How important is assistive technology as it pertains to self-determination and accessible living in your own home – both for the elderly and people with disabilities?
Koepp: It’s very important. That being said, market acceptance is, unfortunately, still low at the moment. Meanwhile, assistance systems can be important when it comes to reducing barriers and fostering independent living.
What obstacles and challenges do you see?
Koepp: Needless to say, there are heightened privacy concerns. Many users are afraid of what might happen with their data and are thus unwilling to consider smart home solutions.
There are also some ethical concerns, especially if you think of assistance systems for people with dementia. These systems emphasize observation, monitoring and are tracking devices. This is yet another area where we as a society and business leaders must decide how we want to effectively deal with these kinds of ethical dilemmas. While users have a sense of how this benefits them, they are also concerned about data protection and have possible ethical concerns. Customers have not yet fully accepted these concepts. Right now, this still puts a damper on the economic success of these types of systems in the marketplace.
What do you think needs to change?
Koepp: Ultimately, we all have to decide for ourselves. Family caregivers, who are very grateful for these types of systems are also involved in this scenario. They need to understand that this advantage goes along with some ethical concerns. These need to be considered and discussed with the affected person. Ideally, that person makes the ultimate decision on his/her own.
In other words, the ethical debate has to be solved at the user level.
As far as data protection is concerned, there needs to be a common communication platform for manufacturers that also has the support of policy-makers and maybe a seal of approval that guarantees that data is not transferred to a third-party.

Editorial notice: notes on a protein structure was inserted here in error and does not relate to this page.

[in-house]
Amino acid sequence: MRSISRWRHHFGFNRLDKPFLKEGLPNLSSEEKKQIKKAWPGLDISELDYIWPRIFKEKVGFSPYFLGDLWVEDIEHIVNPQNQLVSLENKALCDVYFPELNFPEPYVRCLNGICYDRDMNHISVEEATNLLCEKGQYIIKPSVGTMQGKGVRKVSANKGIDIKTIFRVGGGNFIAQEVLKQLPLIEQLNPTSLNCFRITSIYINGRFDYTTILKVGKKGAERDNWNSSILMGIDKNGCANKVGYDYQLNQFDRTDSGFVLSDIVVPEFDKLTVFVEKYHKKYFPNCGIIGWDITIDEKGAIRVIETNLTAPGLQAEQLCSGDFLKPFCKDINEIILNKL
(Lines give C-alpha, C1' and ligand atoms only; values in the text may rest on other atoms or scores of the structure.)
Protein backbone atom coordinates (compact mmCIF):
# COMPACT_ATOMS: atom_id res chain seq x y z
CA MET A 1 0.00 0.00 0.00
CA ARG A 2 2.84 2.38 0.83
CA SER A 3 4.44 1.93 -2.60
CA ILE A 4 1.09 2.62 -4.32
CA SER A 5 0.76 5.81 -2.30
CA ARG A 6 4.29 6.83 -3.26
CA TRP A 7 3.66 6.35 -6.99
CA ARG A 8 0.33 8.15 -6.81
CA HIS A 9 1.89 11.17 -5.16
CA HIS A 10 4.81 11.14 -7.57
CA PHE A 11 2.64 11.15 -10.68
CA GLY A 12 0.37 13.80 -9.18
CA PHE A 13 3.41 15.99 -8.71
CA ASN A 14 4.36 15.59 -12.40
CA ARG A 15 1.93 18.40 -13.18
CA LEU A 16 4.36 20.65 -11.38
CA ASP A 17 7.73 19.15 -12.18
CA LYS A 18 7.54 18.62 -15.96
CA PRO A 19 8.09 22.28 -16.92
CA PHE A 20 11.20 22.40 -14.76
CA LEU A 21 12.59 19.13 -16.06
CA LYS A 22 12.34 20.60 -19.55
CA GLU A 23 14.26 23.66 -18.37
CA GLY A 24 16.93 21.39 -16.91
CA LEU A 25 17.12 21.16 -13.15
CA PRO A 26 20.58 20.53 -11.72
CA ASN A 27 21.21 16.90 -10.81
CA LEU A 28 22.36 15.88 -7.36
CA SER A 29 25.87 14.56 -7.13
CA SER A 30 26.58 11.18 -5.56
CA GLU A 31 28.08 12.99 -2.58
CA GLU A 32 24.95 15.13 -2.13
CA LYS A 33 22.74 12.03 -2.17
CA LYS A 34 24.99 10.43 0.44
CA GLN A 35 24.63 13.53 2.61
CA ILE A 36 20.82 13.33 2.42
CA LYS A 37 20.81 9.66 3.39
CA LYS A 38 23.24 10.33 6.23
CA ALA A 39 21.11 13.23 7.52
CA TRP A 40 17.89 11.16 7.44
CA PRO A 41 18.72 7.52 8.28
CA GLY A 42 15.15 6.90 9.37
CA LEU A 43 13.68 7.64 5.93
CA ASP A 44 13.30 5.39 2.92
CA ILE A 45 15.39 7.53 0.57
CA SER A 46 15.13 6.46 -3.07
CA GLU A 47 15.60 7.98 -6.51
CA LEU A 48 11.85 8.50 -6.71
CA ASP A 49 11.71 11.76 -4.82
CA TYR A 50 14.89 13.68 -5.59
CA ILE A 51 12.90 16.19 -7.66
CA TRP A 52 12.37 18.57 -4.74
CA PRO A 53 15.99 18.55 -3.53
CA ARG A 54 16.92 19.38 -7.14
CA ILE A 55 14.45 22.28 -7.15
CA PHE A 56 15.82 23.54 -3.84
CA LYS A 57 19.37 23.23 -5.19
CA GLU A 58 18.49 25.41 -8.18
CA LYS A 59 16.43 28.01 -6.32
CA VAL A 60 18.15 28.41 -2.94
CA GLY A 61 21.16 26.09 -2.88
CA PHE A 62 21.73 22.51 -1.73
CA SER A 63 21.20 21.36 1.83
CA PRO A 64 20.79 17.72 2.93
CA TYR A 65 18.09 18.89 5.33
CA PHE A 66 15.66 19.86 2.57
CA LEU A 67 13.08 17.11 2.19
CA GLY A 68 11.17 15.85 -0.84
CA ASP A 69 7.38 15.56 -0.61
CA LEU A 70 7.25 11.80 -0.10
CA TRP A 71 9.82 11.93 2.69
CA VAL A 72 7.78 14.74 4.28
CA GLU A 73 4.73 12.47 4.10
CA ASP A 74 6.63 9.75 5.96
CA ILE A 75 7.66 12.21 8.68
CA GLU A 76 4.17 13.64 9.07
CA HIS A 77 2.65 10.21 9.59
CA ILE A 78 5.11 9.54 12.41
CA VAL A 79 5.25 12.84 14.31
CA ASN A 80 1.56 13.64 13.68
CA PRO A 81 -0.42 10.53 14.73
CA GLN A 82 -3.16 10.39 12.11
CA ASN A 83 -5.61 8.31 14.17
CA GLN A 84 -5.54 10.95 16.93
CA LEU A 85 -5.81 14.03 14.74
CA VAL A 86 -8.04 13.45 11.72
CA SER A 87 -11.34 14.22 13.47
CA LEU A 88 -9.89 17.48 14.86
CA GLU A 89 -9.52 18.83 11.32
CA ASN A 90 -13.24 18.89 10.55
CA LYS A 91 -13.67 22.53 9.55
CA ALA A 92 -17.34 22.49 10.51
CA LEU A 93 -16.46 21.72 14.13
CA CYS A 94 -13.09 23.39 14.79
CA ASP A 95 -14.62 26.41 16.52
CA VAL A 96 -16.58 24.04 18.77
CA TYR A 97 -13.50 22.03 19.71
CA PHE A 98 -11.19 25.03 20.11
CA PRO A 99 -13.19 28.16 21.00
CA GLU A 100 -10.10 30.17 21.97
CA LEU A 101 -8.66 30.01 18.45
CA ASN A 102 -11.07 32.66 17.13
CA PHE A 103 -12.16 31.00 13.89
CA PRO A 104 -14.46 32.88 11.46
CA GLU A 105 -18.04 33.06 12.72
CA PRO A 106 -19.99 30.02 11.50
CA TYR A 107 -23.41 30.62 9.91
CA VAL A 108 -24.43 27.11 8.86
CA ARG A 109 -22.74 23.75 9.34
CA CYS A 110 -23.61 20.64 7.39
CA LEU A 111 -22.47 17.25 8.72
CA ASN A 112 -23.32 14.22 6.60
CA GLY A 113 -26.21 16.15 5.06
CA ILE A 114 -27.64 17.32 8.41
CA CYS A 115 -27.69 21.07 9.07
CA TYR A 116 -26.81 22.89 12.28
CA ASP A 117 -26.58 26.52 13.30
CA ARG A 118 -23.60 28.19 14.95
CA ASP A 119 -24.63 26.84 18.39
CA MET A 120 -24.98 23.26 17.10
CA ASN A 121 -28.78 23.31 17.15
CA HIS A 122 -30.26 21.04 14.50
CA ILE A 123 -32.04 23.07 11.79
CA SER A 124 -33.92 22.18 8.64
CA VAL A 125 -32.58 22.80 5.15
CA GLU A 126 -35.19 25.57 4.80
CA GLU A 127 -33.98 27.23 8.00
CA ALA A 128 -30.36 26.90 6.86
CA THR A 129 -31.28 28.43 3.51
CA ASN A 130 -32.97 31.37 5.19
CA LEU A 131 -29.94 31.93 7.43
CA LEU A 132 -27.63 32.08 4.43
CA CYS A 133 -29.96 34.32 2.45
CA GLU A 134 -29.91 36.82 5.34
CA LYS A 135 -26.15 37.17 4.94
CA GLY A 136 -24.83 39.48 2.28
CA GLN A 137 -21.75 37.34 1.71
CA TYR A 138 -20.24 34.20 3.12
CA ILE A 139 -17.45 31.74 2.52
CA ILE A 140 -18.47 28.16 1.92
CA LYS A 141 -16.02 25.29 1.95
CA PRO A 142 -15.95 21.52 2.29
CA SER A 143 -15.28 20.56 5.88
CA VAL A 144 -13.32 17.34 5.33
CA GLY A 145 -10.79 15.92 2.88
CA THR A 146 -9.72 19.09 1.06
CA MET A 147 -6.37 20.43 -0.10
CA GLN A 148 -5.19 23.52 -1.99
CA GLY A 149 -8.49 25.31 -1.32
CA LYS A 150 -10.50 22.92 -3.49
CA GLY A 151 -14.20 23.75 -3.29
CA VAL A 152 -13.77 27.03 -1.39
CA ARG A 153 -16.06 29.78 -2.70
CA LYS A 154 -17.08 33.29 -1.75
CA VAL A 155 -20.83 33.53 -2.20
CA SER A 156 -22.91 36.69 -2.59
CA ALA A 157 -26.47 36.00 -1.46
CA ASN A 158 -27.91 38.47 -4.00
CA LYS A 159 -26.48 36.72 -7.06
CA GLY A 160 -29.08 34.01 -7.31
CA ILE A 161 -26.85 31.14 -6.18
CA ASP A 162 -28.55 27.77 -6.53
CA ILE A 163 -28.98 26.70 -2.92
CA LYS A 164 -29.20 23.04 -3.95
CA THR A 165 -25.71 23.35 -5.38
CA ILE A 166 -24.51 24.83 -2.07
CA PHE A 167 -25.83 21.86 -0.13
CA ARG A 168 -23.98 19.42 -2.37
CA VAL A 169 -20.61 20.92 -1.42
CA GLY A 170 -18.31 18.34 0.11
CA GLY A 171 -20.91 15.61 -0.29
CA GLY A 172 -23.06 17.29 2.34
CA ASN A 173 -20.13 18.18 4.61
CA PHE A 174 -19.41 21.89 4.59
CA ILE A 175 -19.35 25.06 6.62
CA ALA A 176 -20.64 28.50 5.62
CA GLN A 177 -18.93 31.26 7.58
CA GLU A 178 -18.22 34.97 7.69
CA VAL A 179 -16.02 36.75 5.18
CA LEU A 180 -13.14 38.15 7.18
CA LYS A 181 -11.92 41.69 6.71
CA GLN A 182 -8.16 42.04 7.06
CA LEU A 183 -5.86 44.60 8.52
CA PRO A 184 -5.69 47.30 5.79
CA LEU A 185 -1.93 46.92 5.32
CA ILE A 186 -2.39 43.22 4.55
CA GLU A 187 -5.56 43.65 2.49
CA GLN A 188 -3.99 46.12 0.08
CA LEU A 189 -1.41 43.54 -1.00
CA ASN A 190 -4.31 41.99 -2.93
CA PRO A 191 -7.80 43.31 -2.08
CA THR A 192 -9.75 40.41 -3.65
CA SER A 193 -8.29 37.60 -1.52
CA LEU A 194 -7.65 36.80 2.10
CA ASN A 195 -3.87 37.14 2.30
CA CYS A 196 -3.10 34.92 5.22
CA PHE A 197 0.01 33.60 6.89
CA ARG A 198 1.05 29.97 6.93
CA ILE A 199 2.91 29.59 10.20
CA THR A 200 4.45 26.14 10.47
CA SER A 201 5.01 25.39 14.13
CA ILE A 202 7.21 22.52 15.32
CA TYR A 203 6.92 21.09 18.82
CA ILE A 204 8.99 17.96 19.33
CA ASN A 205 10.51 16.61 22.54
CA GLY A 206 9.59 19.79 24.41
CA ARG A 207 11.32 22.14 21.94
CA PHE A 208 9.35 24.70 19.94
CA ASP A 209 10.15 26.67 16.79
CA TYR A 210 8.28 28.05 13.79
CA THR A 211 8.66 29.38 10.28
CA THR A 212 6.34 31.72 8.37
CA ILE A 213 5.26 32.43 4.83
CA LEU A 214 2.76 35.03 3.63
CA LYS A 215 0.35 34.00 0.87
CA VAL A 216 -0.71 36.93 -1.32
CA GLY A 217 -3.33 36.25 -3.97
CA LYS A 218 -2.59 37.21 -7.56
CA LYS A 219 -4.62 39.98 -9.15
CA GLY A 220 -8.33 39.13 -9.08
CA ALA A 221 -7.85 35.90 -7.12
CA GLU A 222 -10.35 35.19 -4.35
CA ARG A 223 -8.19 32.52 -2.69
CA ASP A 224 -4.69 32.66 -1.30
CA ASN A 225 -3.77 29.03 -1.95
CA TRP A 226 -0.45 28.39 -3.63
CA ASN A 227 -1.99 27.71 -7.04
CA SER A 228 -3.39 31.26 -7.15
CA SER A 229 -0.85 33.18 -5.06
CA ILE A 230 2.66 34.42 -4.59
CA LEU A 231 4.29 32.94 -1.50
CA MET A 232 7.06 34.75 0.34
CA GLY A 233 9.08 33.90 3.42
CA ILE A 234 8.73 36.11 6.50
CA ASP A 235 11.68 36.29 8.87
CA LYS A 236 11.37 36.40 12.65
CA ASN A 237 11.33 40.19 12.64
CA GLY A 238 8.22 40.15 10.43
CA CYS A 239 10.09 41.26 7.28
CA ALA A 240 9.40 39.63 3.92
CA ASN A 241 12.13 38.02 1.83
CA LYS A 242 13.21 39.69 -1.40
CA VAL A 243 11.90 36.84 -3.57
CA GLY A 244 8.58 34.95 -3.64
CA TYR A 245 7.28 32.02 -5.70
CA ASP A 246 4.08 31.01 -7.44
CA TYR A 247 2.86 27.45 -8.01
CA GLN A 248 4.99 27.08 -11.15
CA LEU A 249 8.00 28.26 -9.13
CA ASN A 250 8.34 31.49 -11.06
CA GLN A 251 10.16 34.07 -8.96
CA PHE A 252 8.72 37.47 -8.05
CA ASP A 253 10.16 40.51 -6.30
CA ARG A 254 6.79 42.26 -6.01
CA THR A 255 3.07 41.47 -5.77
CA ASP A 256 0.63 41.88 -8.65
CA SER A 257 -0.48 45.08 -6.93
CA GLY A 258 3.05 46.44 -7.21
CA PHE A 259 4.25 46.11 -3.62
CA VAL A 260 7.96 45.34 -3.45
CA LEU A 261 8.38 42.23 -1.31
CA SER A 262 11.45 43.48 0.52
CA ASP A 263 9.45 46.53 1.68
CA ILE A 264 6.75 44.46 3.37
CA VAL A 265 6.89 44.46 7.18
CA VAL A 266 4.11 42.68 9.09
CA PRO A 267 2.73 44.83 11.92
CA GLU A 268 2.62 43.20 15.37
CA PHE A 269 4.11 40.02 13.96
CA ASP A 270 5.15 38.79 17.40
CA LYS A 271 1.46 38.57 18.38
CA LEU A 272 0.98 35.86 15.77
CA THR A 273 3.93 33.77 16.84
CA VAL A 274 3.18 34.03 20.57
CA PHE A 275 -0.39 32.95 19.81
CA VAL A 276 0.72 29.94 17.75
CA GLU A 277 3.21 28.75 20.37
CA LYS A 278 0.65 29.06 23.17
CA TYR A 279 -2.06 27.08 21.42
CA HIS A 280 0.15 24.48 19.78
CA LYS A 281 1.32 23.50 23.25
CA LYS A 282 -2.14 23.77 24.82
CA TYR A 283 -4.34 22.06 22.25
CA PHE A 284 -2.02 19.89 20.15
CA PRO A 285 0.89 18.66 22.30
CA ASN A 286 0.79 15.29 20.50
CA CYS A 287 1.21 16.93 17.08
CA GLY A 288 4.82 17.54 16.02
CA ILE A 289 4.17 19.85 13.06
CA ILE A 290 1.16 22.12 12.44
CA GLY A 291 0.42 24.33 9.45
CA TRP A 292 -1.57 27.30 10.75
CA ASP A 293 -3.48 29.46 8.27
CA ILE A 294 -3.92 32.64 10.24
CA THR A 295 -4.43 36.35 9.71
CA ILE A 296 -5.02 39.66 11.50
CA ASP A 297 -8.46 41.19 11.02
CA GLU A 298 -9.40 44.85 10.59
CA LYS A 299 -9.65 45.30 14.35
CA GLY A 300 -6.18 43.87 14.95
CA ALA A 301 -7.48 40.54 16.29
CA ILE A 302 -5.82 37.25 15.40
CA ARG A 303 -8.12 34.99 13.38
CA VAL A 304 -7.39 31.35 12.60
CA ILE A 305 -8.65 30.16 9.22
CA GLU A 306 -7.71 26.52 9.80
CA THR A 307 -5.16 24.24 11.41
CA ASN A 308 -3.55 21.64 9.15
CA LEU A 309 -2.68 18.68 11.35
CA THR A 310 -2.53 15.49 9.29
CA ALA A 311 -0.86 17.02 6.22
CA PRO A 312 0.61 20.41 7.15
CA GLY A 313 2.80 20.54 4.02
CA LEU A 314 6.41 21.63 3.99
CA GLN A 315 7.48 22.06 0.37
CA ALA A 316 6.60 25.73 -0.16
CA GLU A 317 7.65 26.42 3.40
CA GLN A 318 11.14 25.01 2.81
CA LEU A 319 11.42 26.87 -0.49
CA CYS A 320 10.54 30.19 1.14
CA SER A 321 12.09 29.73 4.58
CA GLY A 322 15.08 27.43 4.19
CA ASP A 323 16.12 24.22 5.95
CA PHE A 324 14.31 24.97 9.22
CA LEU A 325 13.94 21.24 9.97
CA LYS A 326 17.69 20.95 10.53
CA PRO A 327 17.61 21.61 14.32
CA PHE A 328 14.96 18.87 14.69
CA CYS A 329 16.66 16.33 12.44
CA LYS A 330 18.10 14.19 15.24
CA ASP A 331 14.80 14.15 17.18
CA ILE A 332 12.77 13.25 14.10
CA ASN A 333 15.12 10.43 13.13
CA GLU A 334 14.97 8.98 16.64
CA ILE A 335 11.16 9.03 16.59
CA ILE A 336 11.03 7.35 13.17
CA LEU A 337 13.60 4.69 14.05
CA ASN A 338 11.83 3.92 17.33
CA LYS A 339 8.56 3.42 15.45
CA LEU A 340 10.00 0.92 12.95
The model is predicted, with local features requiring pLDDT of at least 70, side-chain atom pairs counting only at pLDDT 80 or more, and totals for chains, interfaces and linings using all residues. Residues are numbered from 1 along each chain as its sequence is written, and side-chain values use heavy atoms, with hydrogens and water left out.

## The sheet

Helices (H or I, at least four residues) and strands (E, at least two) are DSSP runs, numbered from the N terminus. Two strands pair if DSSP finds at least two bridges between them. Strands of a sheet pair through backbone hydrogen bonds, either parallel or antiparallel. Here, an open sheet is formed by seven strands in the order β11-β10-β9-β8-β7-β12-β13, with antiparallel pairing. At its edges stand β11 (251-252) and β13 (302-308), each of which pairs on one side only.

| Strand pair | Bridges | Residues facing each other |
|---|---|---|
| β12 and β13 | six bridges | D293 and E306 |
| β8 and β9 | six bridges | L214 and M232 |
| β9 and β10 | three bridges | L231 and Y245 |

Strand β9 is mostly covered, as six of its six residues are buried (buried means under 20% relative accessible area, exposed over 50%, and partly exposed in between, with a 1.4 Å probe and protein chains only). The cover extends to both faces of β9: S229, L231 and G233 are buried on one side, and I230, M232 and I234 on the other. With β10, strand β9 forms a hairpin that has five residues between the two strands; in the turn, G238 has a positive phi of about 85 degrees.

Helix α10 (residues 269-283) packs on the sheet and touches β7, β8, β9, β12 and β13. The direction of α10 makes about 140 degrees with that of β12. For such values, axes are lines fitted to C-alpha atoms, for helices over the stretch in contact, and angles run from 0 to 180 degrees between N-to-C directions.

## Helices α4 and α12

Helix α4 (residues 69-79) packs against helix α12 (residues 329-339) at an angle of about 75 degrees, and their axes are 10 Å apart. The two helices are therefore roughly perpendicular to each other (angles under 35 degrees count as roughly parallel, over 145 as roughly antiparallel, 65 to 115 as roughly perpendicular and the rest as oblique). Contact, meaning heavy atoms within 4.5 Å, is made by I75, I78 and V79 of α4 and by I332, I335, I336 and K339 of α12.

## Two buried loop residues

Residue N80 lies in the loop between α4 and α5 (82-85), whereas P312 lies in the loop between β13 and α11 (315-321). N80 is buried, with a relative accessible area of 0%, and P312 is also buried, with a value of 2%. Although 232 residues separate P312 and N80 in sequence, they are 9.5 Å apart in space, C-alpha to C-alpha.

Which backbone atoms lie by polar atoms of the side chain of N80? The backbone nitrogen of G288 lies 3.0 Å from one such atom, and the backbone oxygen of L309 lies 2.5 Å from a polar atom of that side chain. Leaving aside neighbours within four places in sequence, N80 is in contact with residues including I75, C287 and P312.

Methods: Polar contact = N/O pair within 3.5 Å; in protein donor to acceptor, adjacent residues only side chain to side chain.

What future prospects do you see for this sector?
Koepp: Aging in place and remaining independent in your home for as long as possible, is an important topic that will continue to shape the future – and it will also affect the electronics industry in a broader sense. And since there aren’t enough inpatient facilities to care and support these adults, this approach will certainly continue to gain popularity. Today, two-thirds of those in need of care are cared for at home by family members. The home is already a very important destination and will only increase in importance. To be able to age in place and keep living at home, these systems will eventually have to find their way into our daily lives, but the sector still needs to work on the acceptance part of the equation. We have the technology, but manufacturers must be willing to open up their isolated applications to other interfaces. But I think that’s the least of our problems.
What can REHACARE 2020 visitors look forward to at the GGT booth?
Koepp: Visitors can always expect to get the latest overview of different industries from us! We specialize in construction and living aspects – that’s one of our core competencies and something REHACARE visitors look for and expect when they come to us. Having said that, we also showcase innovations in mobility and health care. We are currently collaborating with a large manufacturer to design walkers for specific disabilities.
This is what we have in store for REHACARE 2020: updated market overviews featuring different industries and products and – above all – comprehensive support and guidance with strict neutrality. As a non-profit organization, we always stand for information and competence.